[Previous] | [Session 128] | [Next]
S. D. Doty (Denison University)
A key to constraining the physical and chemical conditions in regions of star formation and stellar evolution is the comparison of high quality observations to detailed models of these regions. Recent (e.g., ISO, SWAS), and upcoming (e.g., FIRST, SOFIA) observatories will make high quality data available, with complimentary wavelength coverages, spatial resolutions, and spectral resolutions.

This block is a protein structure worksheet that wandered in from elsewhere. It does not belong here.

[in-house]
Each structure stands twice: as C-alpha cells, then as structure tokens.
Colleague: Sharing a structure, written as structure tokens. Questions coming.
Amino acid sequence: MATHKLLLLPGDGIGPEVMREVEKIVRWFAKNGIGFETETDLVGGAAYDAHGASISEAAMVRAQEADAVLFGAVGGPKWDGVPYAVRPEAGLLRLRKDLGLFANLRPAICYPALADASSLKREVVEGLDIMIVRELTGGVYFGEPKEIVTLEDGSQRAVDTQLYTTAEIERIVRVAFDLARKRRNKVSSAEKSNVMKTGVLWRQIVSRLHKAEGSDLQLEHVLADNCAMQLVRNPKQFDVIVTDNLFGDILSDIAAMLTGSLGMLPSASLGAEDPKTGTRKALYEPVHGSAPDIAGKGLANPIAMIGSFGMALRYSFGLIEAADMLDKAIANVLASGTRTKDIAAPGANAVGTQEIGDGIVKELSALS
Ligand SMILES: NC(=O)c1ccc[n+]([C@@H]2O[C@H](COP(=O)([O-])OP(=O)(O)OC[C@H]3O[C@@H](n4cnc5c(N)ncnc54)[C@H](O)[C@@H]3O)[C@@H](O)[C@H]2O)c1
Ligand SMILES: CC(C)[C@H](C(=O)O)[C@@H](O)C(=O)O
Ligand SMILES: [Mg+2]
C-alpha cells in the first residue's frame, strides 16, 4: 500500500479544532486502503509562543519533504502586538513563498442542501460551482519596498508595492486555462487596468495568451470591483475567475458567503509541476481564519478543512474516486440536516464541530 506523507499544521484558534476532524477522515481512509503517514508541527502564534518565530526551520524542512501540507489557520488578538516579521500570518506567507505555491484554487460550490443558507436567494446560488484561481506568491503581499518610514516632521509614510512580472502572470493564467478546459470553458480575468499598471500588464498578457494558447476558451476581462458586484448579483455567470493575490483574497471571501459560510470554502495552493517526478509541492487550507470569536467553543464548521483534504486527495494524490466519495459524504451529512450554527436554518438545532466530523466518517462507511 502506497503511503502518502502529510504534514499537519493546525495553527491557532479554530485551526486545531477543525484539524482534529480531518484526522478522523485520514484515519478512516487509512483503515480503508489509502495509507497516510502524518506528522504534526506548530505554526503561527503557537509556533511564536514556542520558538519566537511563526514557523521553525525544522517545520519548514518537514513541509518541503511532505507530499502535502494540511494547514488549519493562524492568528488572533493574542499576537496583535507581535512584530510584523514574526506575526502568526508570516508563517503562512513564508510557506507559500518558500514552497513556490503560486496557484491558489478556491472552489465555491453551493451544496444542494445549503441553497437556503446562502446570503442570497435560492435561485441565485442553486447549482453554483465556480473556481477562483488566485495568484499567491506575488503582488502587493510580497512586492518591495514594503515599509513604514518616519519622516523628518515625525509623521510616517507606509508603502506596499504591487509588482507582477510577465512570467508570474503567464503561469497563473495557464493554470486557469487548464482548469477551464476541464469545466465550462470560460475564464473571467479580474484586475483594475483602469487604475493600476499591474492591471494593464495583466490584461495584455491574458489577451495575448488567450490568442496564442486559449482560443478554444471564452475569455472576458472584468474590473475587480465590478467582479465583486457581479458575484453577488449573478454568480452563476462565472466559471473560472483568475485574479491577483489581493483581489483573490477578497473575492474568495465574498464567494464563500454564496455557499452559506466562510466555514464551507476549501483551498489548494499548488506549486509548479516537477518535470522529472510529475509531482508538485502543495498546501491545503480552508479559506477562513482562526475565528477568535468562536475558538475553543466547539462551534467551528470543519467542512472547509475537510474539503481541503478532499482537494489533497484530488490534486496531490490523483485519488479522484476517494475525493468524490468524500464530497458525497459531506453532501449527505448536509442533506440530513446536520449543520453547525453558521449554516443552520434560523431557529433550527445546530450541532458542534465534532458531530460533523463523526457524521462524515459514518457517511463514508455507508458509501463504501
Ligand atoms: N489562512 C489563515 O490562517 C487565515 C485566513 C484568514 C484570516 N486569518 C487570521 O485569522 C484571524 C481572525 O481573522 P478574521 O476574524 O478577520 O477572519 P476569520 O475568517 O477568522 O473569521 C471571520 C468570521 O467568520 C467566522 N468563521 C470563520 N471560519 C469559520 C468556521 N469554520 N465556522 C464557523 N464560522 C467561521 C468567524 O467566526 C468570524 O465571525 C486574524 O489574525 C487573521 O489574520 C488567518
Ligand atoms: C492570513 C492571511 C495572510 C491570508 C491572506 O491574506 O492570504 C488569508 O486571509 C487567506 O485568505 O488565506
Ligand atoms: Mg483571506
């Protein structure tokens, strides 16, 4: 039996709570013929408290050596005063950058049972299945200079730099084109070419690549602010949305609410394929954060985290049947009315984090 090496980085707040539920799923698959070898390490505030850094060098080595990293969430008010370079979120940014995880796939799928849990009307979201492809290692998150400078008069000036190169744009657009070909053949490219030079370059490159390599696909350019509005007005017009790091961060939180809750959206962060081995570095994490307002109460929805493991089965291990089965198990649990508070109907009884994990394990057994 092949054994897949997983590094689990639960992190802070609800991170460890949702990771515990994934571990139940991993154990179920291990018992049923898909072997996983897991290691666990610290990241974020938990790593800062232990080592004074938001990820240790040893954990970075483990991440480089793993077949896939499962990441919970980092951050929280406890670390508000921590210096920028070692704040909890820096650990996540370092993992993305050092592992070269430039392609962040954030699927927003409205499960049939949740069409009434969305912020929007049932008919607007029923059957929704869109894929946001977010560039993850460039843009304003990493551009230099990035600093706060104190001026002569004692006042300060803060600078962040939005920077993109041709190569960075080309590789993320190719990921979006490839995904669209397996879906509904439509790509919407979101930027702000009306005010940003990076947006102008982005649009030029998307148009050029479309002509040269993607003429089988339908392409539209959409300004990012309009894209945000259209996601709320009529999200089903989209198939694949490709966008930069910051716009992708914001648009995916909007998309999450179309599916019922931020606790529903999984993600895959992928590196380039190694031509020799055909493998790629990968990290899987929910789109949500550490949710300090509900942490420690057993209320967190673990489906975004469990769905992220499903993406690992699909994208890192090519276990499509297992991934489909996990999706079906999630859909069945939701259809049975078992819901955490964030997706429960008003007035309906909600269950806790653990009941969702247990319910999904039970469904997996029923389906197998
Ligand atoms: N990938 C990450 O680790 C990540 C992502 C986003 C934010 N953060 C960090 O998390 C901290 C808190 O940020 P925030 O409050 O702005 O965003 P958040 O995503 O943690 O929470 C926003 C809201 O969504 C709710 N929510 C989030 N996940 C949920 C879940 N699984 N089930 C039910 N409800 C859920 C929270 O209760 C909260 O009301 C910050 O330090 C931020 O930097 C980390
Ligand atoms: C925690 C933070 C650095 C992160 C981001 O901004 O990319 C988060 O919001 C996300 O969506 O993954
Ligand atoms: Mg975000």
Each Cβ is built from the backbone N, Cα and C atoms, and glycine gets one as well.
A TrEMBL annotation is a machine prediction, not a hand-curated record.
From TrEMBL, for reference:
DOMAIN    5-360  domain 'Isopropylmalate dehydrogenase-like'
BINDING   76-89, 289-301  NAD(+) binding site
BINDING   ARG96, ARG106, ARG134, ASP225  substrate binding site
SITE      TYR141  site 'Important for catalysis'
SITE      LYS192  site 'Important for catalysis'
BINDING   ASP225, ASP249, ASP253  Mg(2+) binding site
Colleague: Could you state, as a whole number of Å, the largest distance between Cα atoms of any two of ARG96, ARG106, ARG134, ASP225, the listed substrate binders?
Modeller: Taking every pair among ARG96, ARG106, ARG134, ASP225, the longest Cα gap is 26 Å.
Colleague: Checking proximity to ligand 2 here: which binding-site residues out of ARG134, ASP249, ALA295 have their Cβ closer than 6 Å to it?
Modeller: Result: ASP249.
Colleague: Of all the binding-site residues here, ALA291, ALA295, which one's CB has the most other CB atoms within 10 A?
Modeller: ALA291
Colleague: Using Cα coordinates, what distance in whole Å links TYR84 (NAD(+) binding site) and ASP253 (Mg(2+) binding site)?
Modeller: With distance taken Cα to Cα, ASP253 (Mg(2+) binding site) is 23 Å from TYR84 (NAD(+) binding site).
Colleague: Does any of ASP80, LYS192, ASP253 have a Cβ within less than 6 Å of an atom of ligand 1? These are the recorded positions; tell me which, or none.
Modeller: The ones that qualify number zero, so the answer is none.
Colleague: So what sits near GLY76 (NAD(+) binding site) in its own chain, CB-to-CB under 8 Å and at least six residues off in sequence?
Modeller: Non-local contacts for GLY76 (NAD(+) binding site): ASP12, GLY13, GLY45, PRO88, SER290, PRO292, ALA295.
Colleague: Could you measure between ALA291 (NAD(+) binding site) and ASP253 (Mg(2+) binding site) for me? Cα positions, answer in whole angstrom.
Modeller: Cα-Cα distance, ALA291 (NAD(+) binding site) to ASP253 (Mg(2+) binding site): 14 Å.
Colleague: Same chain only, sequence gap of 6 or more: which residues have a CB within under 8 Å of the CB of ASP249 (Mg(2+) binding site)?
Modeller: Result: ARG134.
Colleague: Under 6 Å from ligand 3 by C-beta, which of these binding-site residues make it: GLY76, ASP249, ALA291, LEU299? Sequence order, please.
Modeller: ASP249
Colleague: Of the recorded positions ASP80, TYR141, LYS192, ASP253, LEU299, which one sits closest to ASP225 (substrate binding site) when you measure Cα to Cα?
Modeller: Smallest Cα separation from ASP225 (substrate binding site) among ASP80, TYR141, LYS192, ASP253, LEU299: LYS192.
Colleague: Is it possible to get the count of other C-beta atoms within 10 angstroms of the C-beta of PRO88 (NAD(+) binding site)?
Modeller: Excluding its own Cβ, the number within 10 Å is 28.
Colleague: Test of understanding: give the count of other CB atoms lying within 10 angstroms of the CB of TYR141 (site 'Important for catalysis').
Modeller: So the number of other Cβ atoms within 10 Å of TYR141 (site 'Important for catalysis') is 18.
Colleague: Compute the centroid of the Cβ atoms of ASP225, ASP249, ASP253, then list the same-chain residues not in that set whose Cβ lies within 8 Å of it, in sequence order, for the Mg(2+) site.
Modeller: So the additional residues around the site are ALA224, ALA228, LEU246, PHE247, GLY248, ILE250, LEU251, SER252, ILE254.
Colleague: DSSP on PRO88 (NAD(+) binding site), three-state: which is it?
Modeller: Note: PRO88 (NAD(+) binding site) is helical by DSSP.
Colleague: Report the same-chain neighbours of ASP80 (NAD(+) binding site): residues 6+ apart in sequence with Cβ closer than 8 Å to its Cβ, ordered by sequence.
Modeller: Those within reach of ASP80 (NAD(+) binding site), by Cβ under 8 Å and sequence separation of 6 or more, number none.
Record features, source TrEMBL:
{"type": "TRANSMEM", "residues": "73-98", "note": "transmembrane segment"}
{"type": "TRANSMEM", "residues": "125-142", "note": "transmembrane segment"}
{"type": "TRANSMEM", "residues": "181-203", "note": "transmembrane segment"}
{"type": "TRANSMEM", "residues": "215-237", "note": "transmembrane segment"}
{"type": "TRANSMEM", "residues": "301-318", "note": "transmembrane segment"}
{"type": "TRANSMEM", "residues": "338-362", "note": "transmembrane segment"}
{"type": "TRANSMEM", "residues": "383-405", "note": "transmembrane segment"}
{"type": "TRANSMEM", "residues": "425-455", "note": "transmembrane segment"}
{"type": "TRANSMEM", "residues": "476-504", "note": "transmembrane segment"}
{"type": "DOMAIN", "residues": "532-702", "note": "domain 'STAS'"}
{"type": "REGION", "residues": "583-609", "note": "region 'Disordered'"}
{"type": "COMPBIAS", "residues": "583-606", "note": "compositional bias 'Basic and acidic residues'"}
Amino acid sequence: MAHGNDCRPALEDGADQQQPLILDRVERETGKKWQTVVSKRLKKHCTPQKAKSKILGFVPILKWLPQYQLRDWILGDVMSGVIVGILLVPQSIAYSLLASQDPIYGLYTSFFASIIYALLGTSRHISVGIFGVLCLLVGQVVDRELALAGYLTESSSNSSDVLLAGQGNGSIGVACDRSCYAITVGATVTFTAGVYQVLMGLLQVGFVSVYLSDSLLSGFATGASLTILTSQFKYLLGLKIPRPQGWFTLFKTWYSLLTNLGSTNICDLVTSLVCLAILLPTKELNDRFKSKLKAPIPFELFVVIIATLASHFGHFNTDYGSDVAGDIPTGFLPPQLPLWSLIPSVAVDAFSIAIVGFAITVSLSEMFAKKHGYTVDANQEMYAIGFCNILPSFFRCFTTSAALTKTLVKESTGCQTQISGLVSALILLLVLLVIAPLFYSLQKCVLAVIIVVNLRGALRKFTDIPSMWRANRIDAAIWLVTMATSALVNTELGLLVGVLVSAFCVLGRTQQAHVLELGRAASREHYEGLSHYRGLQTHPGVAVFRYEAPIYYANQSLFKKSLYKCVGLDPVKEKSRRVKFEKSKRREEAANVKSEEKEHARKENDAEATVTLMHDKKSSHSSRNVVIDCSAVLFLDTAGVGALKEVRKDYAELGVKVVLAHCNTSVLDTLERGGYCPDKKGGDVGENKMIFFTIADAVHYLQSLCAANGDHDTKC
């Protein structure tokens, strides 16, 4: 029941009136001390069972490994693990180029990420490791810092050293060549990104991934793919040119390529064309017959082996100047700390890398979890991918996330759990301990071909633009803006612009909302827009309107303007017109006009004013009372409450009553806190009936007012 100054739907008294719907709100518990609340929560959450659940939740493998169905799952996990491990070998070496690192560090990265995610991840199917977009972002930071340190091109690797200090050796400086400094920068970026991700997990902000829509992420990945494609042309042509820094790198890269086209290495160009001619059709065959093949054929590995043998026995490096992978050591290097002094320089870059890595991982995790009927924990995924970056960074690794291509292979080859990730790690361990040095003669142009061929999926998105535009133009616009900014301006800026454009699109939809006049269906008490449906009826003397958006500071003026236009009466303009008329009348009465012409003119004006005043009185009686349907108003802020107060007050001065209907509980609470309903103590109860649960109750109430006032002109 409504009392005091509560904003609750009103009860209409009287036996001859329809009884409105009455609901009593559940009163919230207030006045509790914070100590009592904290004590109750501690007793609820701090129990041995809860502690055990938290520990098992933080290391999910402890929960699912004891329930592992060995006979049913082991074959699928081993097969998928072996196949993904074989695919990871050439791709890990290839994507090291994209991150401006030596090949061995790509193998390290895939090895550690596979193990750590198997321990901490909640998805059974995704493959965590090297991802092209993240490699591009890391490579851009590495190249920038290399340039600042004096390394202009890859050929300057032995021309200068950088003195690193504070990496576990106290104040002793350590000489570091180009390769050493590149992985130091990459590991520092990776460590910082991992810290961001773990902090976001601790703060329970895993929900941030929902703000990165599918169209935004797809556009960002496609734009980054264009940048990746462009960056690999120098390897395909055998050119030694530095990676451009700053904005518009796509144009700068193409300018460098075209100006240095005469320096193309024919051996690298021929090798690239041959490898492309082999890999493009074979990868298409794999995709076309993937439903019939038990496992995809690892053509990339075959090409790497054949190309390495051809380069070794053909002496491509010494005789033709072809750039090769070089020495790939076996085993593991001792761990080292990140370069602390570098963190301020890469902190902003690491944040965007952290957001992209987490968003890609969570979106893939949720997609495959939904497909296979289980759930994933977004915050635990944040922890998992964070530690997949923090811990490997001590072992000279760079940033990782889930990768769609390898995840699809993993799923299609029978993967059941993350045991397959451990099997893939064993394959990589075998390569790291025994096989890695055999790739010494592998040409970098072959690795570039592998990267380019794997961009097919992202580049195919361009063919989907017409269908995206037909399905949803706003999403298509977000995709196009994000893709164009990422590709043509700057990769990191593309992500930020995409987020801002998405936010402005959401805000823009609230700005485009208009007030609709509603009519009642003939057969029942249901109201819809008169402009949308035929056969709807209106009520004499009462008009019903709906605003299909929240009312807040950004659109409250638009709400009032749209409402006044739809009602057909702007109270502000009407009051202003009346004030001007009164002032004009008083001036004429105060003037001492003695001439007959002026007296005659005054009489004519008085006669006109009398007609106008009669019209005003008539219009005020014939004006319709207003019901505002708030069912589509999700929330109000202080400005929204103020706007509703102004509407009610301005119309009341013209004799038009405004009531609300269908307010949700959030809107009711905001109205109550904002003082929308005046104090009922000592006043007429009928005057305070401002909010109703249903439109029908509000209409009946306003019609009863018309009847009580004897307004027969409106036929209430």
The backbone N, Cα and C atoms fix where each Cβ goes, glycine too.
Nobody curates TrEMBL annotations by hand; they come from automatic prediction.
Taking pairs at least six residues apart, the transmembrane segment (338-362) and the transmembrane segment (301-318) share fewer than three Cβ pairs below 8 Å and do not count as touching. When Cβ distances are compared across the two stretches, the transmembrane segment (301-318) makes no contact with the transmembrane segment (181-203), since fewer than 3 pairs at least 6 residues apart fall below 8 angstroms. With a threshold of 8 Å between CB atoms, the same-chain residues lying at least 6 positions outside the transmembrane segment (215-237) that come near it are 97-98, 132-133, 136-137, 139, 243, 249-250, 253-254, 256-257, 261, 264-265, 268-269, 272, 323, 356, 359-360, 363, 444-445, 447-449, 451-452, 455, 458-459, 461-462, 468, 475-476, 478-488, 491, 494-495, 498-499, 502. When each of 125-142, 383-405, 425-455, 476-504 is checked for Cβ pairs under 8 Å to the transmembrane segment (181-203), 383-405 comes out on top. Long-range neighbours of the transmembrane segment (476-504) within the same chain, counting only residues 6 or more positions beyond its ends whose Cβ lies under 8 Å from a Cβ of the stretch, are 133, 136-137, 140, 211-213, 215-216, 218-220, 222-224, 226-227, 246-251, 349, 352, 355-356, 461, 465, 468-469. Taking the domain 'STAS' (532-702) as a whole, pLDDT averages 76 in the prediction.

Detailed models are required to help interpret these data. Previous models have included arbitrary temperature, density, velocity, and chemical abundance gradients (e.g. Doty & Neufeld, 1997). However, observations (e.g. Dickman et al. 1990, Falgarone et al. 1991) also suggest irregular morphology due clumping and fragmentation in real sources.
Toward this end, we have begun modeling the radiation emitted by truly three-dimensional sources. In this first phase, we consider the thermal balance of the gas. We find that this is a computationally large, but soluble problem. We discuss our methodology and present results from our models, including test cases used for validation.
This work has been supported by an award from the Research Corporation.